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Medicinal Uses of Echinacea
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Echinacea is well known for its anti-viral, anti-bacterial, anti-fungal, and anti-inflammatory properties.  It is commonly recommended by herbalists as an agent to lessen the symptoms and duration at the onset of a cold or the flu.  Liquid form seems to be the most effective way, taken in a Tea to be used up to 6 times per day, or as an Oil at one drop every 2-3 hours or so (mix it in warm water because it tastes bad).  Alternatively, the leaves can be dried, pulverized into a powder, and made into Capsules for when it is inconvenient to utilize its beneficial properties otherwise. This method also solves the problem of the bad taste. As a cold and flu preventative, Echinacea has not been conclusively proven scientifically, but as with most herbs, it hasn't been tested extensively either.  There are plenty of people who swear by it, and it is safe to take intermittently for a couple of weeks a month if you want to experiment with its possible preventative properties.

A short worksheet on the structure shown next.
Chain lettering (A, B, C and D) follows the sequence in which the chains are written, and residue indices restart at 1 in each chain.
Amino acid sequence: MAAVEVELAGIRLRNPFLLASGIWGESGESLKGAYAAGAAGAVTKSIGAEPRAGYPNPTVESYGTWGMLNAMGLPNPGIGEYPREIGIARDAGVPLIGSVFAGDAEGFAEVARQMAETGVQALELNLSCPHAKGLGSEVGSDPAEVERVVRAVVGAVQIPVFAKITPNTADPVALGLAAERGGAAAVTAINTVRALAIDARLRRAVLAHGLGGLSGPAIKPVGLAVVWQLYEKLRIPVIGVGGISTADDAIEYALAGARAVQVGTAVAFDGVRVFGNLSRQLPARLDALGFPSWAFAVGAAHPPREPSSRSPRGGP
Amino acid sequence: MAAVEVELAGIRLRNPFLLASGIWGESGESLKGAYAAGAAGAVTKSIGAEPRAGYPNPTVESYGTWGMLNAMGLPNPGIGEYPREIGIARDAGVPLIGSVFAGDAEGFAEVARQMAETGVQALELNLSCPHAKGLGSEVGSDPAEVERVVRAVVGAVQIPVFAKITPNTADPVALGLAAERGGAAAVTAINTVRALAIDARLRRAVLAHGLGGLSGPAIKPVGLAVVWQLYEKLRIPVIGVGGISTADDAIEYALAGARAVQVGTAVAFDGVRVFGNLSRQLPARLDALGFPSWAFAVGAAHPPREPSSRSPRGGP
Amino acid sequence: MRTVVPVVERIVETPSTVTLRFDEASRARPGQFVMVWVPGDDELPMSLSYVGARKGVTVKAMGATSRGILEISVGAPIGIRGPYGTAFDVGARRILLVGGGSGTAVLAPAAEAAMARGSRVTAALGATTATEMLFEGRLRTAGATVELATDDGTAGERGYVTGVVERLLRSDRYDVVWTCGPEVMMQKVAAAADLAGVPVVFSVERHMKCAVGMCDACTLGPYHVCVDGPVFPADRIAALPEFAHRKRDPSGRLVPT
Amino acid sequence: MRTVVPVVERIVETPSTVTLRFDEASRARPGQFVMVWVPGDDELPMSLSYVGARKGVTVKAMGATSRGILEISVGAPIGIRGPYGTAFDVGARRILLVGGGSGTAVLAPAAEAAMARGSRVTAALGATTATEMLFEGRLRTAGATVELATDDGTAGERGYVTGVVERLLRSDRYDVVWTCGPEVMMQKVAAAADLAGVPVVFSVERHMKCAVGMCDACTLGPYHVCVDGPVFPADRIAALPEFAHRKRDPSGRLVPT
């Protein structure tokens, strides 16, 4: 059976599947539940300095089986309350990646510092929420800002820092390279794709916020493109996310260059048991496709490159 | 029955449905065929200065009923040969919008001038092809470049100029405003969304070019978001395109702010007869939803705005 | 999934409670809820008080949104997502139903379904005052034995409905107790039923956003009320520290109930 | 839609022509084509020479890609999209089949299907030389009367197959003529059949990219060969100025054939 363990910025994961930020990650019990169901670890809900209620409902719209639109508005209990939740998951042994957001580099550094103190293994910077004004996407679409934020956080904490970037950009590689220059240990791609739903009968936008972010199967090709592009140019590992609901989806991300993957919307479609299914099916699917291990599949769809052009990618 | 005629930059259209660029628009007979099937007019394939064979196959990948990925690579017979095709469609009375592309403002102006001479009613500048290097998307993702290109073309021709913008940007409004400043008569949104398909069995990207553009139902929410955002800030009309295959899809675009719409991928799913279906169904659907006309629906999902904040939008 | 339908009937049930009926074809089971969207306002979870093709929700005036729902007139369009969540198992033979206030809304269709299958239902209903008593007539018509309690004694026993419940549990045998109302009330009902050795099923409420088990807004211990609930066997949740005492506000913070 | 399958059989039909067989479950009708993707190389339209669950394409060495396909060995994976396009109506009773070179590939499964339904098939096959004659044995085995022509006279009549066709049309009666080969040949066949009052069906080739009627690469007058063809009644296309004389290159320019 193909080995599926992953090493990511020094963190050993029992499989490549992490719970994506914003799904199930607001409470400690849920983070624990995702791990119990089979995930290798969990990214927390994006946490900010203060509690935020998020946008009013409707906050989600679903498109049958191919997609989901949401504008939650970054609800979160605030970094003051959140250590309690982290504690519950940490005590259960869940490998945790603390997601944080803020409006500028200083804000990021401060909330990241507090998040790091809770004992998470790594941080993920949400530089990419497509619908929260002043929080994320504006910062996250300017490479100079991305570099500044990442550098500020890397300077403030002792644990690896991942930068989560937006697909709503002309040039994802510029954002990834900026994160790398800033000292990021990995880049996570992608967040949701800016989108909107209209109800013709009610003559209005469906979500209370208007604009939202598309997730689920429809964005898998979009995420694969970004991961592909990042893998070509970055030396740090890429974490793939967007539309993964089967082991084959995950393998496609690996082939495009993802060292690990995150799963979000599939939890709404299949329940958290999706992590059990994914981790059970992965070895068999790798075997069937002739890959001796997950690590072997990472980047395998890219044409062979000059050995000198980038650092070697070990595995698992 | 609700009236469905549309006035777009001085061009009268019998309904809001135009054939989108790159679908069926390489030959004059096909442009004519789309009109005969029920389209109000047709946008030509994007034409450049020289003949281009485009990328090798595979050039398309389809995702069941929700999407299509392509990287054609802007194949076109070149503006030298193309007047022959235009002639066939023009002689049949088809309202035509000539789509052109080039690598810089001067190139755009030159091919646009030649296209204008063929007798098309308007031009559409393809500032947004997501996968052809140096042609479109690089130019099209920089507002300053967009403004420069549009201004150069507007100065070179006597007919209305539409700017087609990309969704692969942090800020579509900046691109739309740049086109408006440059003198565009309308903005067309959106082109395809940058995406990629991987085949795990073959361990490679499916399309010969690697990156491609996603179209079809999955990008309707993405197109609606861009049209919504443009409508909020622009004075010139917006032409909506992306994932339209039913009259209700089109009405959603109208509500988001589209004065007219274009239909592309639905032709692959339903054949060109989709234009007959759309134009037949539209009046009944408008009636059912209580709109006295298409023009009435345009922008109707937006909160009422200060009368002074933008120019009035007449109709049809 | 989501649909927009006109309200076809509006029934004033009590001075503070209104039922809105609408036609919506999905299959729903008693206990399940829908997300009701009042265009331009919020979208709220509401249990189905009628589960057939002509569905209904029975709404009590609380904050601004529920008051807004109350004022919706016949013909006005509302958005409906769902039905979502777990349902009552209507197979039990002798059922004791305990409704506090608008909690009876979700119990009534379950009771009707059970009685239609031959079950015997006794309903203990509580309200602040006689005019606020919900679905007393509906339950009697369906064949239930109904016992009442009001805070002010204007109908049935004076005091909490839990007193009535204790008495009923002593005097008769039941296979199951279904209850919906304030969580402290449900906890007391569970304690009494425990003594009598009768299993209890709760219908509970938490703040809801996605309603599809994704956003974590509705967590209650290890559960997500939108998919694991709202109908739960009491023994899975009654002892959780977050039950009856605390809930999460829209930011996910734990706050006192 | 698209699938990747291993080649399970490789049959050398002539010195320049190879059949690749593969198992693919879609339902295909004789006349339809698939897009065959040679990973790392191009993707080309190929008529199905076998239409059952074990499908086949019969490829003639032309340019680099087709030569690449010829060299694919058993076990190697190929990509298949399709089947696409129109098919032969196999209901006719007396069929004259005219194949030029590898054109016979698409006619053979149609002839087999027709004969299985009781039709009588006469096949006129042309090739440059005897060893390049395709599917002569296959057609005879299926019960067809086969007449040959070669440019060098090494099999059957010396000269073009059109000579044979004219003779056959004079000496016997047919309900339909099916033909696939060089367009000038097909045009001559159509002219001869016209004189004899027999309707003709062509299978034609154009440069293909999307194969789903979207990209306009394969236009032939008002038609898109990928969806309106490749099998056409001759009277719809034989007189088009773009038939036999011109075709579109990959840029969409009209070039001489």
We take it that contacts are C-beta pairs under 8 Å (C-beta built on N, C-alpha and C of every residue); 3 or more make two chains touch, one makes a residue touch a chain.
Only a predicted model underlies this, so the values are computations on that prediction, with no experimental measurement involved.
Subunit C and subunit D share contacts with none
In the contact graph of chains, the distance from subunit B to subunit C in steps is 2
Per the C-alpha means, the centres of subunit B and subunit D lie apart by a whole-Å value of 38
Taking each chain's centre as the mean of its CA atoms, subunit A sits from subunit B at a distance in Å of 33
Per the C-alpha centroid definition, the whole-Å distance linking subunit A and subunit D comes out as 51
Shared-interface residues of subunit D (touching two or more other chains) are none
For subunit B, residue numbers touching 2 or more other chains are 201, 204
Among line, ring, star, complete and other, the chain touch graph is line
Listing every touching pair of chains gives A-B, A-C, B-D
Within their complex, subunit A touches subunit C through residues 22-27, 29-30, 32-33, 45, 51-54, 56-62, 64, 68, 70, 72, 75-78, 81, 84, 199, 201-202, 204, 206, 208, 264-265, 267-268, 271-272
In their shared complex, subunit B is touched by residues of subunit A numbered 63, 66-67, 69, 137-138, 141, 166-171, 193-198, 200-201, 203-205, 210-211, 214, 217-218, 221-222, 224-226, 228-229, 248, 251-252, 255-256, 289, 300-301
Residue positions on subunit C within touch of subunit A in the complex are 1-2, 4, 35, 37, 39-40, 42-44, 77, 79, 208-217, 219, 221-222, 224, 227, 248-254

Echinacea also appears to be useful for a plethora of other common ailments, and a tea can be made to reduce symptoms of scratchy or sore throat, lymph node inflammation, stomach cramps, and urinary tract infections.  There is some indication that it is beneficial in cancer patients, helping to rejuvenate the system after chemotherapy, and it is widely used as a general blood purifier.  Externally, it can be made into an Ointment for treatment of insect bites, burns, measles, skin ulcers, herpes sores, cold sores, and yeast infections in women.  The Indians swore by it as being an effective anti-venom agent for snakebites, but this hasn't been conclusively proven.  It would sure be worth a try in a situation with no doctors close by, however.

Echinacea is safe to use other than for people with allergies to members of the daisy family.  A doctor should be consulted first for people with AIDS, HIV, or other immune system problems.

 

 

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